Alma 41:15 He reminds Corianton, once again that he cannot justify intentional sin. “For that which ye do send out shall return unto you again, and be restored; therefore, the word restoration more fully condemneth the sinner, and justified him not at all.”
Alma 42:1 The fourth thing apparently troubling Corianton’s mind is the justice of God and the punishment of the sinner. “And now, my son, I perceive there is somewhat more which doth worry your mind, which ye cannot understand – which is concerning the justice of God in the punishment of the sinner; for ye do try to suppose that it is injustice that the sinner should be consigned to a state of misery.”
Alma 42:2 Alma will now teach agency, using Adam and Eve as examples. “Now behold, my son, I will explain this thing unto thee. For behold, after the Lord God sent our first parents forth from the garden of Eden, to till the ground, from whence they were taken – yea, he drew out the man, and he placed at the east end of the garden of Eden, cherubim, and a flaming sword which turned every way, to keep the tree of life –“ Meaning to keep Adam and Eve from eating the fruit of the tree of life after having eaten of the tree of knowledge of good and evil.
Alma 42:3 As a consequence of their agency choice in the Garden of Eden, “Now, we see that the man had become as God, knowing good and evil; and lest he should put forth his hand, and take also of the tree of life, and eat and live forever, the Lord God placed cherubim and the flaming sword, that he should not partake of the fruit –“
Alma 42:4 “And thus we see, that there was a time granted unto man to repent, yea, a probationary time, a time to repent and serve God.” Alma wants Corianton to understand that it is not too late to repent and serve God.
Alma 42:5 What if Adam and Eve had eaten from the tree of life? “For behold, if Adam had put forth his hand immediately, and partaken of the tree of life, he would have lived forever, according to the word of God, having no space for repentance; yea, and also the word of God would have been void, and the great plan of salvation would have been frustrated.” Remember, according to Mormonism you either have the chance to prepare to meet God in this life or receive an opportunity in the spirit world before the final judgment.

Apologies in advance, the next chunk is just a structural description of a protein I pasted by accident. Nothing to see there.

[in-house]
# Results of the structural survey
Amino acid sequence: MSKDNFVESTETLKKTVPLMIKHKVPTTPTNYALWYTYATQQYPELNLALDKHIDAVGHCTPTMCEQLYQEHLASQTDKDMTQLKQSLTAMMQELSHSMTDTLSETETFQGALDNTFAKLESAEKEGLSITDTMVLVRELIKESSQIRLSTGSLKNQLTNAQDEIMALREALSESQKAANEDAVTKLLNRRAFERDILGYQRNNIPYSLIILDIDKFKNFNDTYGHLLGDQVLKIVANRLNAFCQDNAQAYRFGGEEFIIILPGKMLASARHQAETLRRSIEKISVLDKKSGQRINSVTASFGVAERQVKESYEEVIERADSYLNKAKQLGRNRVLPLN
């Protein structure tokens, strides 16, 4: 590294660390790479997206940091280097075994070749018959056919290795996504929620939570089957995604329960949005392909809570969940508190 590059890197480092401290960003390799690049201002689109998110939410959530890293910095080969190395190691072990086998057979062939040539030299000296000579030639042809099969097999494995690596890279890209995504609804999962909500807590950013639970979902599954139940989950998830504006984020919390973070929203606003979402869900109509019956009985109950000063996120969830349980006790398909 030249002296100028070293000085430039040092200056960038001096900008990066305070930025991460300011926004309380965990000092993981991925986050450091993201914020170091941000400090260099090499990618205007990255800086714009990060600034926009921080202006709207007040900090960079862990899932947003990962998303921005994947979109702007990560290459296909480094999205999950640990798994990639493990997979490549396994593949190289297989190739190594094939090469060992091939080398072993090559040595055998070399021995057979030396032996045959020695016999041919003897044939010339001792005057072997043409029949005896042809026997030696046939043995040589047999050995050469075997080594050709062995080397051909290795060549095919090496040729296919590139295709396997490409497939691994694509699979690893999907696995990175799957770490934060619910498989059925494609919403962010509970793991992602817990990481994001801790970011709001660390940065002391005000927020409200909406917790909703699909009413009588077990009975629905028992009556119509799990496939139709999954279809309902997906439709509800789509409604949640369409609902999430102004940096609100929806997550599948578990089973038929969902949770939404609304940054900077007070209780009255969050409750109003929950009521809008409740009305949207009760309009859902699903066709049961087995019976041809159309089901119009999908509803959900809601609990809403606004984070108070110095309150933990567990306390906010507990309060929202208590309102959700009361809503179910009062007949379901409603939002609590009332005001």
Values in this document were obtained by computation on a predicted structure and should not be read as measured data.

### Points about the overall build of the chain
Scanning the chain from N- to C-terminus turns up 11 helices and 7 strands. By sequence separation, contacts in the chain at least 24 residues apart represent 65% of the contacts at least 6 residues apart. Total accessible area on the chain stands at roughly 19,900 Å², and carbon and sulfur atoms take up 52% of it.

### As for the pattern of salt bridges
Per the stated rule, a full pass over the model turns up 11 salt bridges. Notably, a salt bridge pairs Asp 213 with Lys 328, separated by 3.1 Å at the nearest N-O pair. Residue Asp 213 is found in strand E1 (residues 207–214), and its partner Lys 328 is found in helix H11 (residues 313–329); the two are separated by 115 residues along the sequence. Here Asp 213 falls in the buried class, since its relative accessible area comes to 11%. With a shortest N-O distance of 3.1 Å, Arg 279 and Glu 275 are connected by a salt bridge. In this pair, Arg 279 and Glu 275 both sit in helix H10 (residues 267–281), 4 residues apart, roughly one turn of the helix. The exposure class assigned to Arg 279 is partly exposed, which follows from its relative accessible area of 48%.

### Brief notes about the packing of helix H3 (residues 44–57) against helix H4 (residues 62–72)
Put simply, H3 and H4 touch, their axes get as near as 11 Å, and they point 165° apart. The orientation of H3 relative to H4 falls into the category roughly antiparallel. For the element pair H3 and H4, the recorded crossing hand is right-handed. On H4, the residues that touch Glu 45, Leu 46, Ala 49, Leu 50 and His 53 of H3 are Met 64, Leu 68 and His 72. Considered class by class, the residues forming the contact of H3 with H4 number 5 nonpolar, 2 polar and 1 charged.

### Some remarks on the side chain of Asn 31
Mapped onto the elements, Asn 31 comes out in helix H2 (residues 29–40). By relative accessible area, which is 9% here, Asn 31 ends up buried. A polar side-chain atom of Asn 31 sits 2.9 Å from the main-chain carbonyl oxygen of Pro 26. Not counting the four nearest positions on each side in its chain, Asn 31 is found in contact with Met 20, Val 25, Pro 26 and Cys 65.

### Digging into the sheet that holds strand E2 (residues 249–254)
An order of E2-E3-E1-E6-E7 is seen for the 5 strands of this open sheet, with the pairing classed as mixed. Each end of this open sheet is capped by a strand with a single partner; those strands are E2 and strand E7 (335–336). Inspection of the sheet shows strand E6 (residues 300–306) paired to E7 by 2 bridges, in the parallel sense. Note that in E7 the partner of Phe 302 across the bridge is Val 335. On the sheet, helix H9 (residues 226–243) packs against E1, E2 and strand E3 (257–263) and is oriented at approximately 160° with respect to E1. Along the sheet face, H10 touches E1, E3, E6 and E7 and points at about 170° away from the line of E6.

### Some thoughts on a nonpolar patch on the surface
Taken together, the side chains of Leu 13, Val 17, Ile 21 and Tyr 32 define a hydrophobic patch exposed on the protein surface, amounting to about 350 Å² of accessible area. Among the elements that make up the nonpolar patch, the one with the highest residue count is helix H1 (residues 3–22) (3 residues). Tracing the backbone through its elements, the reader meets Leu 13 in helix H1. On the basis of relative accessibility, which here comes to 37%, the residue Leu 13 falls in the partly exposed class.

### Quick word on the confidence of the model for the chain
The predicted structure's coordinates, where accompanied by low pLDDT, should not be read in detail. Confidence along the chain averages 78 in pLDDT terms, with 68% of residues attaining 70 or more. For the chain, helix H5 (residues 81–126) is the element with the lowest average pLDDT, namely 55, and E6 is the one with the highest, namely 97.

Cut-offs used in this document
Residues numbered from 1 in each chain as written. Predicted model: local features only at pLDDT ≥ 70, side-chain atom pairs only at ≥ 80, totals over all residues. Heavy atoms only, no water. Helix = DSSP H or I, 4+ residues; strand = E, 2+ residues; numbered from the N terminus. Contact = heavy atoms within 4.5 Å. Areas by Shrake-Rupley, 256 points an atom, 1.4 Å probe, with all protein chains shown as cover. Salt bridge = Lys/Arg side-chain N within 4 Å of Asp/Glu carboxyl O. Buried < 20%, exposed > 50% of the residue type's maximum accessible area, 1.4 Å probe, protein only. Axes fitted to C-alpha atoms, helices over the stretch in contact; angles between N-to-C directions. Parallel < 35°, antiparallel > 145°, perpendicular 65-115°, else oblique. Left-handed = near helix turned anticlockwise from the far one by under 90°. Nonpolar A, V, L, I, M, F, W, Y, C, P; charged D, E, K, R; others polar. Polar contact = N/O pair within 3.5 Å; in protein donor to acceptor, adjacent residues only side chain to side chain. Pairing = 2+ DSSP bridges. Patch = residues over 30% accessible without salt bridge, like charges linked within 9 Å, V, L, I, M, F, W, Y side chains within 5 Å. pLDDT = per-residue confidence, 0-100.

Alma 42:6 “But behold it was appointed unto man to die – therefore, as they were cut off from the tree of life they should be cut off from the face of the earth – and man became lost forever, yea, they became fallen man.” Thus, the need for the Atonement.
Alma 42:7 We will see next that according to Mormonism, Adam and Eve exercised their agency and made the right choices. “And now, ye see by this that our first parents were cut off both temporally and spiritually from the presence of the Lord; and thus we see they became subjects to follow after their own will.”
Alma 42:8 “And behold, it was not expedient that man should be reclaimed from this temporal death, for that would destroy the great plan of happiness.” In other words, in LDS theology the Fall was a good thing.
What would have happened if Adam and Eve had not partaken of the forbidden fruit? 2 Nephi 2:11 “For it must needs be that there is an opposition in all things. If not so, my first-born in the wilderness, righteousness could not be brought to pass, neither wickedness, neither holiness nor misery, neither good nor bad. Wherefore, all things must needs be a compound in one; wherefore, if it should be one body it must needs remain as dead, having no life neither death, nor corruption nor incorruption, happiness nor misery, neither sense nor insensibility.” Lehi is saying that in order to have true agency, we must have choices.
Alma 42:9 “Therefore, as the soul could never die, and the fall had brought upon all mankind a spiritual death as well as a temporal, that is, they were cut off from the presence of the Lord, it was expedient that mankind should be reclaimed from this spiritual death.” The words “never die” are in John 11:26 and, “it was expedient that” are in John 18:14.
Alma 42:10 “Therefore, as they had become carnal, sensual, and devilish, by nature, this probationary state became a state for them to prepare; it became a preparatory state.”